What is a FreeSync Monitor?

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What is a FreeSync monitor?

Do you fancy yourself as a bit of a gamer?

Are you sick of games ruined by poor screen quality?

Then you’ve come to the right place. Today we’re talking about all things FreeSync™ technology.

When it comes to gaming, experience is everything. You’ll want spectacular image quality for a truly immersive experience.

FreeSync technology improves gameplay quality by eliminating that infuriating screen tearing and stuttering once and for all.

Sounds good right?

You bet it does.

In this article we’ll be discussing everything you need to know about this amazing technology from how it works to how FreeSync compares to other synchronization technologies.

So, without further ado, let’s dive in!

What is FreeSync?

FreeSync™ technology is an adaptive synchronization technology used in LCD displays. A FreeSync monitor mobilizes FreeSync technology to eliminate screen tearing and stuttering by synchronizing its refresh rate with the graphics card frame rate (FPS).

Monitors equipped with FreeSync technology have what’s called a variable refresh rate (or VRR) which matches with the framerate of your AMD graphics card.

But let’s turn on the breaks for just one moment.

For FreeSync to make sense we need to first understand some foundational concepts. FreeSync has been developed with three key influences:

  1. Screen tearing
  2. V-Sync
  3. Stuttering

What is screen tearing?

Screen tearing is what happens when your graphics card produces frames too quickly. In other words, the framerate of your graphics card is faster than the frame rate of your monitor. That means your monitor can’t display the images it receives from your graphics card. Your monitor will be playing catch-up. And for you that means blurry or ‘torn’ looking visuals on the screen.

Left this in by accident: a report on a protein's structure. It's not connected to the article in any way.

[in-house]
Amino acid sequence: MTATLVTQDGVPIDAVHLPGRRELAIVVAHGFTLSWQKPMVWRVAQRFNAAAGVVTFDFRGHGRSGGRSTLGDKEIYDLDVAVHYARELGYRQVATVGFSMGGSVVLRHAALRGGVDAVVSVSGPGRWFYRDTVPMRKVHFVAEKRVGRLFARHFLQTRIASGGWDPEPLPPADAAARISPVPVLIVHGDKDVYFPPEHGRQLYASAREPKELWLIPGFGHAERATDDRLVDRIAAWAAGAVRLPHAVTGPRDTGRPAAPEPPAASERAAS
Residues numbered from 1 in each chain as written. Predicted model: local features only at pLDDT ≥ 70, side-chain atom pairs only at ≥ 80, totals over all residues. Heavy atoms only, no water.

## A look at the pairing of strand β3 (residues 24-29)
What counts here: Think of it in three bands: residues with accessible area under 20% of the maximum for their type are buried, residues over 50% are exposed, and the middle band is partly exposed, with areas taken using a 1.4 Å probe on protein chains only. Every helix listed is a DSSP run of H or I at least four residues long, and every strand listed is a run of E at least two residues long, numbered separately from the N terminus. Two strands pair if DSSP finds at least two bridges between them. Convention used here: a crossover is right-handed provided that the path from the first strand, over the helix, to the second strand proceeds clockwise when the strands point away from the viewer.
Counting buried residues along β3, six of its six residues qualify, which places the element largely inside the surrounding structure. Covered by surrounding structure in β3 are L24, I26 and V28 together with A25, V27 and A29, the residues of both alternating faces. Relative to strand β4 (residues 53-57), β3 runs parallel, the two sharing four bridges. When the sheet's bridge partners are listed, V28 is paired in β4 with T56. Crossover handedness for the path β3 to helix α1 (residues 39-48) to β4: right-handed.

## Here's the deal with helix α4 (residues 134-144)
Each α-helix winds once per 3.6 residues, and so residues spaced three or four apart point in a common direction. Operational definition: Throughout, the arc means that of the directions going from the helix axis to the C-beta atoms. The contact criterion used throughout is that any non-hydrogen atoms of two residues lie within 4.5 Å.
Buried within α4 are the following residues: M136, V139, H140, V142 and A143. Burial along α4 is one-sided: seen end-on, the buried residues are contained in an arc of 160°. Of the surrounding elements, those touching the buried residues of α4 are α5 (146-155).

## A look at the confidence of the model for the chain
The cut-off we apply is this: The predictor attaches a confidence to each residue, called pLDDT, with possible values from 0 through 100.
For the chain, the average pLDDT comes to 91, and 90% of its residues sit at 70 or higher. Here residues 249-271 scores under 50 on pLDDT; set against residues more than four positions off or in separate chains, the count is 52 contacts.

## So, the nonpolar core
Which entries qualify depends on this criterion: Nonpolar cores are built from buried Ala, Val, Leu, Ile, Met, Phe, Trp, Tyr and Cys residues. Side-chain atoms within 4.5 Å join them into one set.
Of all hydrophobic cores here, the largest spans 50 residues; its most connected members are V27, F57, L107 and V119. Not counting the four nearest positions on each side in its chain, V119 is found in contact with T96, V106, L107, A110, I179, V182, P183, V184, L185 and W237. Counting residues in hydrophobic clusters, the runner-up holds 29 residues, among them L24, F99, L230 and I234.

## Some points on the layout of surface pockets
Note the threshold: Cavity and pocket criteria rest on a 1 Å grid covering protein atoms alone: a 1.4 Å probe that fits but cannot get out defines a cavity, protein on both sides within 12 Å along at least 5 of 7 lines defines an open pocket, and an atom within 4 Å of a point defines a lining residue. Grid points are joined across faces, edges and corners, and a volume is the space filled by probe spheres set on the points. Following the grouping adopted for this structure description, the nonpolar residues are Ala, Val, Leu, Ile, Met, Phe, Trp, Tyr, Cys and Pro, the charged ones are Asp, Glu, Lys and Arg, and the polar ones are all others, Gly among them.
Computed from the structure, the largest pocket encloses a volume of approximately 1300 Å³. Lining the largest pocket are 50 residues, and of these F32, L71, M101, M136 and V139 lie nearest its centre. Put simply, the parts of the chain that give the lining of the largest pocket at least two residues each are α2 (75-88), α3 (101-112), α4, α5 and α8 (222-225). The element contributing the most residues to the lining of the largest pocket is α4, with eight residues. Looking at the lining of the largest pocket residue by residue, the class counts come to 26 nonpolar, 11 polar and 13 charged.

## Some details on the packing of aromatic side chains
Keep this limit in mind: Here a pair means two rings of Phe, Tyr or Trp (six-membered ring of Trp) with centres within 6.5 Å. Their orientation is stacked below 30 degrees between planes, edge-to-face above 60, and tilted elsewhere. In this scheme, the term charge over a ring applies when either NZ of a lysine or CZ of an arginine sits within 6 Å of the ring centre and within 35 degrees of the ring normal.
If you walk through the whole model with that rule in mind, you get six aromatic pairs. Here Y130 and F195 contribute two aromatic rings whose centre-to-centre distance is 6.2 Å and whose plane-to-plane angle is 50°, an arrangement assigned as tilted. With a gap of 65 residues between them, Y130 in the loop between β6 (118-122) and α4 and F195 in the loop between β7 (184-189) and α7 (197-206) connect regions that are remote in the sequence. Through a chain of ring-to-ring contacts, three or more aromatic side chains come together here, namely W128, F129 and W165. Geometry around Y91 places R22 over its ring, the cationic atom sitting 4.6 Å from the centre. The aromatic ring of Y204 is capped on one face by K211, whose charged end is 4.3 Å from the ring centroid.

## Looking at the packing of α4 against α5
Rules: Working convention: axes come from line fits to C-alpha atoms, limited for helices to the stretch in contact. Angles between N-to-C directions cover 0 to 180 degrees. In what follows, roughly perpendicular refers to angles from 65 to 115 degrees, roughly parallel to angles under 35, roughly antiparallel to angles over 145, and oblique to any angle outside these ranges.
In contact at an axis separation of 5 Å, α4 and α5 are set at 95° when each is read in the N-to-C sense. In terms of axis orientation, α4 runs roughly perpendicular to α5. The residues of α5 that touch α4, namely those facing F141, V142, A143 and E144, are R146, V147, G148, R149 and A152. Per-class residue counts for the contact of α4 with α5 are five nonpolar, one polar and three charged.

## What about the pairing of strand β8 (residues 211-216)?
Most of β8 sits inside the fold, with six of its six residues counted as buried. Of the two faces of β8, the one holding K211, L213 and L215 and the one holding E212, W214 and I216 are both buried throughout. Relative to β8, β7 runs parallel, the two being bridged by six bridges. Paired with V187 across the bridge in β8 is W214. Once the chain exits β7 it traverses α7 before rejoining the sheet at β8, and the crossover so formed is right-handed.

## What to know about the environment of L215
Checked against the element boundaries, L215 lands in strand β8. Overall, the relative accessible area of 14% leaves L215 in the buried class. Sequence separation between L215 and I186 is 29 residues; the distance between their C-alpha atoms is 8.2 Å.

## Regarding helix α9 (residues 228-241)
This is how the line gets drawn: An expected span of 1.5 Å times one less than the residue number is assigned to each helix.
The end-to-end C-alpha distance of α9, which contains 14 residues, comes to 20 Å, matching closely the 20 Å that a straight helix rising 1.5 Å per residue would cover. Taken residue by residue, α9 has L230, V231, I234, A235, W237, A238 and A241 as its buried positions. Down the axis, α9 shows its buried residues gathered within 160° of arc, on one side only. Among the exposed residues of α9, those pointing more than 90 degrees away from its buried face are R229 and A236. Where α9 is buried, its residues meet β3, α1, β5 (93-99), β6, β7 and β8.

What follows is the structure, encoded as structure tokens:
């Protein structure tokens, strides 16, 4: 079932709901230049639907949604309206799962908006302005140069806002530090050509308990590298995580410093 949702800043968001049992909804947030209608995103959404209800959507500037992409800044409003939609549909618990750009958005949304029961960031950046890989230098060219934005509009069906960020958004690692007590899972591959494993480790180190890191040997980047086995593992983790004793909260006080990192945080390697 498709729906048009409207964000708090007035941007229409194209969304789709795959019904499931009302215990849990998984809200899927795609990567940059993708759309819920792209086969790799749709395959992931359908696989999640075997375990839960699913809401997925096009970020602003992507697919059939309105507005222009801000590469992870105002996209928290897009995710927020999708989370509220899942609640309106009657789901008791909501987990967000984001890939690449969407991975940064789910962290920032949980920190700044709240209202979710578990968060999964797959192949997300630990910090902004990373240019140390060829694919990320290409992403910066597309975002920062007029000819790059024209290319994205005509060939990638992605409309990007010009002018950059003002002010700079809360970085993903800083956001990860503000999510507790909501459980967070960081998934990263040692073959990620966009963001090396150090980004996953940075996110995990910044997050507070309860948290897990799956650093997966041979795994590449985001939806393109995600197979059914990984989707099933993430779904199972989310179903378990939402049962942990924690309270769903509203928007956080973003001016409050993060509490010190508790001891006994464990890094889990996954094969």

What is V-Sync?

V-sync was the original screen tearing solution. V-sync technology ensures that your graphics card never works at a rate higher than your monitor can handle. Even if your graphics card can average a super-high frame rate, it will be capped to match your monitor’s refresh rate to eliminate that undesirable screen tearing.

But this only went so far to solve the tearing problem. V-Sync presents another problem – screen stuttering. This happens when your graphics card’s framerate drops below the monitor refresh rate (for example, this might occur during more complex parts of a computer game).

 And that’s where FreeSync comes in. FreeSync eliminates both tearing and stuttering by syncing a monitor’s refresh rate to match the rate at which your graphics card produces new frames. In other words, your monitor will never display frames too fast or too slow.

FreeSync versus G-Sync

I know it seems like there’s a sync technology for every letter of the alphabet, but here me out. This is the last one. Let’s talk for a moment about G-Sync.

Just like FreeSync, G-Sync improves monitor performance. And it does so by matching the performance of the monitor itself and the graphics card. So, what’s the difference?

G-Sync technology adjusts the output rate of the graphics card and adjusts the monitor’s vertical blanking interval (VBI) to make sure that the GPU and monitor are always in sync. This eliminates screen tearing and other display issues.

FreeSync syncs a monitor’s refresh rate to match the rate at which your graphics card produces new frames. The end result is very similar. The main difference between the two is price. FreeSync is built using the Adaptive Sync Standard. This is an open standard that other manufacturers can use in their equipment without royalties. And because of this FreeSync costs less than its G-Sync alternatives.

FreeSync pros and cons

FreeSync monitors are highly effective against that dreaded tearing, stuttering, and general screenplay lagging. But, as with all technologies, there are pros and cons to using FreeSync.

PRO: FreeSync is more affordable